Monday February 1
Keeping it in the family
It’s handy having a brother as a painter. Gordon gave the cement sheet two coats of clear sealer, first cutting in the edges with a brush and then using a roller. This work was done a couple of months earlier – well before the cover strips went on. The generous roof overhang in each direction provides decent cover from most of the weather – the sealer offers extra protection from driving rain.
The edges (joins) of the cement sheet are covered with a timber cover strip for added protection. The timber is from the test run of weatherboards that were milled from the trees onsite. The general strategy for timber on 60k House is to oil the end grain of any exposed timber to prevent water soaking up the grain; the rest is left to weather naturally if undercover or not structural.
The cover strips were mostly dry but still a little bit green when they were nailed in place with a small nail gun. They haven’t been oiled or painted, just left natural. I’m trying to avoid paint or applied finished as much as possible to keep the materials honest and expressed – don’t tell my brother, but wish I had told Ian who was expecting me to paint the downpipe and the grey elbows…
The guttering profile used isn’t a true half round but has a flat section on the back against the fascia – it looks like a half round but costs half the price of a half round (and the brackets are cheaper too). Once the pops are cut out for the downpipe they are sealed before clipping the gutter into place in the brackets. The elbows and the downpipe are then attached, with the downpipe held in place with brackets against the timber cover strips.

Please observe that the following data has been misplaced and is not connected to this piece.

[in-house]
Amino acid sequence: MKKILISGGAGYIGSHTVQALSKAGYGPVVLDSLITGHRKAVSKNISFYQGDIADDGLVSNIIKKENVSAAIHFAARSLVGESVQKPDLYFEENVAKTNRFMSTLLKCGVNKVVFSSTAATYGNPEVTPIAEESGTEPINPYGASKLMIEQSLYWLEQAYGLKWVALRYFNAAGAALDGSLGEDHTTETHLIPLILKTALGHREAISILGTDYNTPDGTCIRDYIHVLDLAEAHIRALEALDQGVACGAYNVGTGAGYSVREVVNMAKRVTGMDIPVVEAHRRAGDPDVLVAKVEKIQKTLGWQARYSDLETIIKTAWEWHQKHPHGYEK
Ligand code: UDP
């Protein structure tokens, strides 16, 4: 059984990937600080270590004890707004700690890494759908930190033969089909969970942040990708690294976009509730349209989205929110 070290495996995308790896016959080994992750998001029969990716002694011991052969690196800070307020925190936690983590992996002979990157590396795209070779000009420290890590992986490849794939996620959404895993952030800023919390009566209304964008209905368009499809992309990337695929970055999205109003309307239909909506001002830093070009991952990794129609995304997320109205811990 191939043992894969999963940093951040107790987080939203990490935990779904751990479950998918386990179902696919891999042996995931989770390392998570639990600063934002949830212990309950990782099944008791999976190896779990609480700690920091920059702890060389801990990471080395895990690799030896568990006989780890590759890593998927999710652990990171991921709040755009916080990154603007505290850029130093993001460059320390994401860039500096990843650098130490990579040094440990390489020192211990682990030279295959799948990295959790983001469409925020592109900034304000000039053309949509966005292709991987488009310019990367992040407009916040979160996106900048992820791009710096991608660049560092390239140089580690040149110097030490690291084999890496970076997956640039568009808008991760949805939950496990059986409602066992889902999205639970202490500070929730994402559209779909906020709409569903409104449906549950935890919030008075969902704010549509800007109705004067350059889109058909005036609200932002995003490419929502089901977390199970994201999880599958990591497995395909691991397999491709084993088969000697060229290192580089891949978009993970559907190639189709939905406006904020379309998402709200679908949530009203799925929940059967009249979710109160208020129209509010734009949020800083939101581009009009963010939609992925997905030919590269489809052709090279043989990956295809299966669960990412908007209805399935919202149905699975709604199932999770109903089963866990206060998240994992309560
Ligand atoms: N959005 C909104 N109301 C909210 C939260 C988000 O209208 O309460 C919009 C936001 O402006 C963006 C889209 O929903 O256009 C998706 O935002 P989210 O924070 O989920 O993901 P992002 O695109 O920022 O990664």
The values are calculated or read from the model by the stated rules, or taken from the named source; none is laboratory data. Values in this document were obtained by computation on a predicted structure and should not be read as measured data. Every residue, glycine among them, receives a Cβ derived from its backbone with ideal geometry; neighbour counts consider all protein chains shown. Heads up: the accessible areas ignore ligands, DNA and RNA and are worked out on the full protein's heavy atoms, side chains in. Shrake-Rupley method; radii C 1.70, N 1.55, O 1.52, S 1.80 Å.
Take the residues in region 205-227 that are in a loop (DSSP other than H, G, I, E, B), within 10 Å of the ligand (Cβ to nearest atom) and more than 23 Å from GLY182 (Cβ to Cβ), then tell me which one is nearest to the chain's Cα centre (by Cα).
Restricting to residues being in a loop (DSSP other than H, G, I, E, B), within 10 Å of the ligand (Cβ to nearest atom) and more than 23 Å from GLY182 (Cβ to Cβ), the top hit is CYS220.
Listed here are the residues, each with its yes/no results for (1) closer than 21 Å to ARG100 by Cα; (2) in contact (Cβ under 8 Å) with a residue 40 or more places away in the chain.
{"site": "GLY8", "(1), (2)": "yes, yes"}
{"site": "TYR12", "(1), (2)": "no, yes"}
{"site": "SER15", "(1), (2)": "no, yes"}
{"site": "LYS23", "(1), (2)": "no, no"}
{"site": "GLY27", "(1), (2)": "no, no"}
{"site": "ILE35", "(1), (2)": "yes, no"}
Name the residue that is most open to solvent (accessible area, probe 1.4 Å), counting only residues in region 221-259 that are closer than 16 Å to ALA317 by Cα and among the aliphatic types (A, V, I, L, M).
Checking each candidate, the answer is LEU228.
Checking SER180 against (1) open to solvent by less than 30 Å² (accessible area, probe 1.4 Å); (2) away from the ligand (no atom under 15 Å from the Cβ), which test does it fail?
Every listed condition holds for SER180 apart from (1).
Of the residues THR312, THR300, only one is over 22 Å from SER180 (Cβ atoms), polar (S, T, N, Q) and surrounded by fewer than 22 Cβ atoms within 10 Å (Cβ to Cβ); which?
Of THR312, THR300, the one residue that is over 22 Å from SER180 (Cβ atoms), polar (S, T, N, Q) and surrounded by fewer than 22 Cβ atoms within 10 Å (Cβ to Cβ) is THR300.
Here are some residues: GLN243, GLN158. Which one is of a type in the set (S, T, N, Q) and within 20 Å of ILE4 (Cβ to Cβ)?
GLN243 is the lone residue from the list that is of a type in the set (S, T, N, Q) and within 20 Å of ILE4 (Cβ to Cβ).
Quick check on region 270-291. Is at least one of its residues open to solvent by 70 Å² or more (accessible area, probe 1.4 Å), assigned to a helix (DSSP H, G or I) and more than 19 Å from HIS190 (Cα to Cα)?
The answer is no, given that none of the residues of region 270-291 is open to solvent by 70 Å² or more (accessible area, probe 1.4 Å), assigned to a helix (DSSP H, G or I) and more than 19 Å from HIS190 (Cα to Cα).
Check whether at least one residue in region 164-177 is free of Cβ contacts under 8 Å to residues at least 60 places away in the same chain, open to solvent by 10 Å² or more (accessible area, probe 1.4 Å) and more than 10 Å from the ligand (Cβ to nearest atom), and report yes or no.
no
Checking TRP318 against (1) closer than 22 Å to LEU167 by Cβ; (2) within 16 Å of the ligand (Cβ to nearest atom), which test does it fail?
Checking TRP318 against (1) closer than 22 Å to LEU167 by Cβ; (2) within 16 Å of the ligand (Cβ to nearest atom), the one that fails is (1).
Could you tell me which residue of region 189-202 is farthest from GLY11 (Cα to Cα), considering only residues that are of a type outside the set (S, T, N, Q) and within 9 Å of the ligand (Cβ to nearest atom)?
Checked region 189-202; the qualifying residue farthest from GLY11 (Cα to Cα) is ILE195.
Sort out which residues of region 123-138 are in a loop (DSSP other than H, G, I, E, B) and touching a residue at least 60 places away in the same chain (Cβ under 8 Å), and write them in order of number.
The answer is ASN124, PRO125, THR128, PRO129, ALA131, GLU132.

The downpipe was kept high – above the windows – so it can continue straight into the water tank. This is the most efficient and healthy way, but not the most common. Many houses have ‘charged’ downpipes – the downpipes go down into the ground and then back up to the top of a tank. This uses more pipe, requires digging, and the pipes are charged because they have water constantly sitting in the low section until it rains next to push the water into the tank.
Fill it up
It’s a good feeling knowing your roof is now harvesting rain and the water you drink from the tap is yours. Unfortunately Ian didn’t have enough pipe to finish the downpipe on the other side and hasn’t done it yet. That’s OK – after the recent rain we’ve had the water tank is full. Hydro Tasmania should be so lucky.
Costs: cover strips – $0; painter – $0; plumber – $1600
Disclaimer: Any advice contained within this blog is of a general nature only and cannot be relied upon. Details provided are in good faith and relate specifically to this project. Any author will not be held responsible for advice or information presented.